Currently Reading: The Princess Curse

The Princess CurseBut then my eyes adjusted to the dimness, and I saw Pa, waiting beside the dragon-kidnaps-a-maiden tapestry, chewing at the ends of his black mustaches.

Every step across the great hall seemed to take more effort than it should have. Pa nodded to Armas and said “I’ve got her.” My heart fell at his tone, and I stared at the tapestry to hide my worry. I wasn’t going to be able to lie my way out of this, whatever it was. Armas, maybe, I could lie to. Armas, maybe, I could trick into mercy. But with Pa, there would be no chance to lie. Or even to stretch the truth into a pleasing shape.

I noticed a snagged thread on the tapestry maiden’s pale cheek. It marred her face, though she was too frightened of the dragon to be pretty—and it wasn’t just any dragon, but a fire-breathing zmeu, trying to kiss her.

Author: Merrie Haskell

Synopsis: Thirteen-year-old Reveka, an herbalist, is determined to crack the curse that has the twelve Sylvanian princesses dancing their shoes to pieces every night. She hopes to earn the money to start her own herbary, but as she gets closer to the princesses’ secret, she discovers that saving them and earning her herbary may cost her life—possibly even her soul.

Notes: It’s odd that I should have read this so closely following Juliet Marillier’s Wildwood Dancing, as Romanian-set retellings of The Twelve Dancing Princesses aren't unusually common. It goes to show how differently any two writers will interpret the same basic idea, however, as the stories have little in common beyond the Romanian glossaries, the dancing girls, and the emphatic capability of the young heroines.

Haskell’s Reveka is off-the-charts independent and pragmatic; a confident herbalist, a harsh judge of character, an adept liar, and blatantly uninterested in getting a husband. Her goal in life, stated from the outset, is to join a convent in order to open her own herbary and spend all her prayer time contemplating her craft. All of this combined with the book's middle-grade packaging makes her the very last sort of character I’d have expected to wind up starring in a YA paranormal romance, which was where the book went.

Admittedly, the romance was not particularly romantic, let alone sexy—props to Merrie Haskell for keeping things tolerably clean for her younger readers—but it still came as something of a surprise.

Neither Reveka nor her love interest seemed designed to be consistently sympathetic, though I suspect they may be more so to readers who are more naturally forceful and less devout. Very few of the supporting characters can even be called good, though two or three succeed in being tolerably complex. None of the religious ones have any real idea of faith or holiness or love of God, not even the monk in Reveka’s present or the nuns in her past, and Reveka herself offers up only a token worry about her own soul. The failure to portray any of the religious as religious is a storytelling flaw; the book's ultimate reversal of darkness and light is not, but its spiritual ambiguity can be expected to turn off some religious readers.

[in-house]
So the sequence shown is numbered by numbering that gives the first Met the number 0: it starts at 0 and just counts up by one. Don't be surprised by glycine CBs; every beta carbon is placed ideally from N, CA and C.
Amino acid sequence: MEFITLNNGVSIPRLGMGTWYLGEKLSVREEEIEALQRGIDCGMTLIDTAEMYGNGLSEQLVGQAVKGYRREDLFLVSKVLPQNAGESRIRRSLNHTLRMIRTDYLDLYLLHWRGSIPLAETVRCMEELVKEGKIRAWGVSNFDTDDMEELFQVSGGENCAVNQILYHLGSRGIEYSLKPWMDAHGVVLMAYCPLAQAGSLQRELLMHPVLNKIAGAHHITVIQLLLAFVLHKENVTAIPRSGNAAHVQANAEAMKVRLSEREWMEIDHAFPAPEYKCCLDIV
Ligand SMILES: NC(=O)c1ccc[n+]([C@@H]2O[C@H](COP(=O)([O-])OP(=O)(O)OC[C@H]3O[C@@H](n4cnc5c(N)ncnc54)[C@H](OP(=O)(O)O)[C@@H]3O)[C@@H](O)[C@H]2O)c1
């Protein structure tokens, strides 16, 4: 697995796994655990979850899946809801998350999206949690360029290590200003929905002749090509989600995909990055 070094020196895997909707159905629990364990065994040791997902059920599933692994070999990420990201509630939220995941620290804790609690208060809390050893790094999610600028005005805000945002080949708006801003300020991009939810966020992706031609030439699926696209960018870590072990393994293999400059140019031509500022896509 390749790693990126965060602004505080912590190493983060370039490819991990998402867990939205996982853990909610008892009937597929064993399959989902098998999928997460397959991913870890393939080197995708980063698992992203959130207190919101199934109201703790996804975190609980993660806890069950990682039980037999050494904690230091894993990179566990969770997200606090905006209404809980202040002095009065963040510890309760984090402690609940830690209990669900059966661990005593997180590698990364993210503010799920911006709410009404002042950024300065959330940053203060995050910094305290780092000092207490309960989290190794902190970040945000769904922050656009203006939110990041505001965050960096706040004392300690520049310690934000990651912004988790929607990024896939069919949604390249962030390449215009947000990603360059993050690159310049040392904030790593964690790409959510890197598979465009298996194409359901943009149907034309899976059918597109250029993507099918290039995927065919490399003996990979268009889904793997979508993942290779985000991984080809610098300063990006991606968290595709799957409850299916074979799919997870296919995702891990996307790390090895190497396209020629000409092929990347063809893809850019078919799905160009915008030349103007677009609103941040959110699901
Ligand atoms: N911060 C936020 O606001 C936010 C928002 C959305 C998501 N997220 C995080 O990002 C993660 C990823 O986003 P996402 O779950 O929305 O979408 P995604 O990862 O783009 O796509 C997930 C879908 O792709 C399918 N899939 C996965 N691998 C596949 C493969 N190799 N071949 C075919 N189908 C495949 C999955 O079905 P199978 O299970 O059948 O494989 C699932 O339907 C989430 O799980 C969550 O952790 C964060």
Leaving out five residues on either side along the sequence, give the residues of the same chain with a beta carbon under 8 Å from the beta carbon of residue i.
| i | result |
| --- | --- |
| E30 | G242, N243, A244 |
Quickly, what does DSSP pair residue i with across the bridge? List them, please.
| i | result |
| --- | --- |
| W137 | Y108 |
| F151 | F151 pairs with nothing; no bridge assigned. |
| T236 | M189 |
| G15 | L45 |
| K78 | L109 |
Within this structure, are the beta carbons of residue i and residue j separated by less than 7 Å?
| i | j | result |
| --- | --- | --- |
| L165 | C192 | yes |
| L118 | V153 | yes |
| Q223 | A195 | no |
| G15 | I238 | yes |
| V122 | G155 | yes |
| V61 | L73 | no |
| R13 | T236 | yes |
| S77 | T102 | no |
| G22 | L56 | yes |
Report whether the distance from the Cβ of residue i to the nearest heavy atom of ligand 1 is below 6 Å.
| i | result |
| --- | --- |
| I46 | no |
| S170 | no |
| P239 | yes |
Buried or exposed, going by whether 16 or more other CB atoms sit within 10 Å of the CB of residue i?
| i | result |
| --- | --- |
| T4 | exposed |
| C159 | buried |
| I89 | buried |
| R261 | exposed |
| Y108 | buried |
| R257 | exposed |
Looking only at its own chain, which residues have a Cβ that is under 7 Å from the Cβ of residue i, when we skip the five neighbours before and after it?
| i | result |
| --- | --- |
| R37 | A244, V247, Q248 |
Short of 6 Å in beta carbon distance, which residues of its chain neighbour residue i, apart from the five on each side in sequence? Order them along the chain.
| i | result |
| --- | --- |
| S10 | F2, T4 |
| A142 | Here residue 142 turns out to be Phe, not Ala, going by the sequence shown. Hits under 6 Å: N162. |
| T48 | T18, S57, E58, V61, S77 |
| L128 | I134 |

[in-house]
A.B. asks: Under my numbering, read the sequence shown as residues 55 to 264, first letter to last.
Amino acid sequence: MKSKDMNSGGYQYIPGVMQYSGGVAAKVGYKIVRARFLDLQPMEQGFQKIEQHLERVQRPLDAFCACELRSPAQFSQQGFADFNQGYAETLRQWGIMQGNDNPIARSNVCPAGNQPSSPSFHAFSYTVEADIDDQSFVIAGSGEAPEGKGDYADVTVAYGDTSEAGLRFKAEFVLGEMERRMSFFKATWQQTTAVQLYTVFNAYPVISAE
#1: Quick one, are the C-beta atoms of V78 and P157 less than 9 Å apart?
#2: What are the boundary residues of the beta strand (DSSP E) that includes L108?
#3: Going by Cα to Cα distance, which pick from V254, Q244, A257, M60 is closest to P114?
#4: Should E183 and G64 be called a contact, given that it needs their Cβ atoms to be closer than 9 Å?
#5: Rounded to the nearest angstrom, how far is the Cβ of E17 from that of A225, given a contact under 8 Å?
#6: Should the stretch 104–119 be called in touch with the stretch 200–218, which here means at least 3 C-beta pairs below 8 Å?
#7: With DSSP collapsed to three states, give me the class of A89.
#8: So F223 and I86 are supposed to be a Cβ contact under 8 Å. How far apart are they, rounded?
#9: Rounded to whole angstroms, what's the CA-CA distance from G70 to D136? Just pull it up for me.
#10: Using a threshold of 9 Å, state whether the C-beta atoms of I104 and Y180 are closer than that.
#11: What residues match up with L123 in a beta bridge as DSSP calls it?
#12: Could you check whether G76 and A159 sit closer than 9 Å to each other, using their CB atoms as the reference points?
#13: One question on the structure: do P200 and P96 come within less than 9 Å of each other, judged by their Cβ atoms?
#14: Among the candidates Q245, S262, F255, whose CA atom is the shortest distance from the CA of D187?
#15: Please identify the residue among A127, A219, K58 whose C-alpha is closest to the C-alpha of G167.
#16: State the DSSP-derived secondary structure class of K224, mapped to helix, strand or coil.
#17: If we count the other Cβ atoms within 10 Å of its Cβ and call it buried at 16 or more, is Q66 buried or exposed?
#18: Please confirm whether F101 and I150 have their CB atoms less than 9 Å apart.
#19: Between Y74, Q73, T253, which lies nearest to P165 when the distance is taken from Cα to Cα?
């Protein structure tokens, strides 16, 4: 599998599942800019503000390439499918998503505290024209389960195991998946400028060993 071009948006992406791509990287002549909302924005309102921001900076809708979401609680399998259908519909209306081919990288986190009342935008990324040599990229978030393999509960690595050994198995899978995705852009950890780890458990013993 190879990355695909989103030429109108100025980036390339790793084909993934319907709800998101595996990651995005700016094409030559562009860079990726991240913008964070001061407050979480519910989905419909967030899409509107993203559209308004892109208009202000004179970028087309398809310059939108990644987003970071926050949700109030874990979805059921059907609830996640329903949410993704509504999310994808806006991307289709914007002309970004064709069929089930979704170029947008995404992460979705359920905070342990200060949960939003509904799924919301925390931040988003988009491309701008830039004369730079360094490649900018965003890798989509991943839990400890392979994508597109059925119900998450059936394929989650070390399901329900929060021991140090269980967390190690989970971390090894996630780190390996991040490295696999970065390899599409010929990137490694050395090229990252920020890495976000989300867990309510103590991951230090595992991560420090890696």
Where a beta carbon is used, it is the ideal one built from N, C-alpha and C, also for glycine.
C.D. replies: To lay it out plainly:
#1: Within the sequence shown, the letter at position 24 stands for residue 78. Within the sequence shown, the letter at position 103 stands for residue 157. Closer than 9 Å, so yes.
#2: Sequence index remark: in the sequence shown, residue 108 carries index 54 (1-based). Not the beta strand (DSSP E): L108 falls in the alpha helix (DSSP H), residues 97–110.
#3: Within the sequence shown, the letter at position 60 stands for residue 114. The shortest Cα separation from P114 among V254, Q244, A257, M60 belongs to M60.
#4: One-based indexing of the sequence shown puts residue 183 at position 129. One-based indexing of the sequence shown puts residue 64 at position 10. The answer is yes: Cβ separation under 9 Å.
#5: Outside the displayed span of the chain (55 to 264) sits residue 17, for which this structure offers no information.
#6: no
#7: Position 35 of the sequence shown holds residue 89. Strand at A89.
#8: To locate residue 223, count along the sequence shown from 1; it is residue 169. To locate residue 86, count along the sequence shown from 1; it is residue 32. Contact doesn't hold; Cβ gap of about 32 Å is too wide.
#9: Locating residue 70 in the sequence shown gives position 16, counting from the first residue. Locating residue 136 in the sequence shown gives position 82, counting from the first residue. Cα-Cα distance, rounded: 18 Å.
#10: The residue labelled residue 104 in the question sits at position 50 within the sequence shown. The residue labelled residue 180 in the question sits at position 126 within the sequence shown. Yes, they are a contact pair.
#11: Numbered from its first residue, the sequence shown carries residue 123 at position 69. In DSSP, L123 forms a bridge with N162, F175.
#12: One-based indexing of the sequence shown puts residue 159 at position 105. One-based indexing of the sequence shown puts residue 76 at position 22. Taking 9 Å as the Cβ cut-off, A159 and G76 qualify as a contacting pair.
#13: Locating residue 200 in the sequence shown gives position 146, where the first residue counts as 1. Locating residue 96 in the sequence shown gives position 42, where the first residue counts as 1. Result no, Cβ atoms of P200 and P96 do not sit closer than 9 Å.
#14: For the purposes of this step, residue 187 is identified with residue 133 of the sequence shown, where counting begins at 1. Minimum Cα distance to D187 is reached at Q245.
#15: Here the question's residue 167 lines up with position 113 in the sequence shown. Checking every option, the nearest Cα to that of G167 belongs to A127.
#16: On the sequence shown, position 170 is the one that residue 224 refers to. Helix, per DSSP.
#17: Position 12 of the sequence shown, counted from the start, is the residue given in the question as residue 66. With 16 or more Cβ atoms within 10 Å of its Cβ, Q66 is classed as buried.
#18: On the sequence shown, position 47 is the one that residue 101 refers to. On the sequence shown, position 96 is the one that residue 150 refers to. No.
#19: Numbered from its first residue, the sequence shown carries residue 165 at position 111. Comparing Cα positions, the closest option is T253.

Reveka does, however, keep up an interesting narrative. Her nicely imagined herbalist’s perspective sets her voice well above the average middle-grade or even YA narrator; Haskell clearly did her research, and she moves her tale along quickly without sacrificing worldbuilding to plot. The opening chapters are particularly well-written, and though the storyline wobbles a bit after it takes its turn, the echoes of Hades and Persephone and Beauty and the Beast are intriguing.

The book resolves enough to be bearable, but it begs for a sequel, which apparently the publisher has not yet authorized. Readers will be disappointed if it never happens. There is certainly some tale remaining to be told.

Recommendation: Read it for a very determined young heroine with a unique voice.


  1. We could probably write our own book on how religious and faith issues are wrongly or stereo-typically portrayed in literature.

    Thanks for the review. I'll probably pass on this book.

    1. Yes, we could. It would be a very ferocious book. :P

      Yeah... probably this one won't be your kind of tale.

  2. I can't put my finger on why, but this one instantly appeals more to me than Wildwood.

    Coming here regularly reminds me that reading should be part of my writing education. I really need to make time for it in my schedule, as much as for blogging, and--horror--NaNoWriMo scribbling!

    1. You're doing NaNo--really?! Awesome!

      Also, the review feature on my blog is partly designed to keep me going in the reading side of writing education. ;) I'm glad it works for others, too!

      It's hard to say for sure, but just guessing from the subtle differences between the way you and I approach writing fairy tales, I wonder if your attraction to The Princess Curse has to do with the fact that TPC takes a somewhat more modern approach to storytelling than Marillier's Wildwood Dancing. The latter is old-fashioned stylistically and structurally, which is my usual bent. Both are well written, however, although Haskell was a bit less successful than Marillier at maintaining even quality throughout.

      If you do read this one, I'd love to hear what you think of it!


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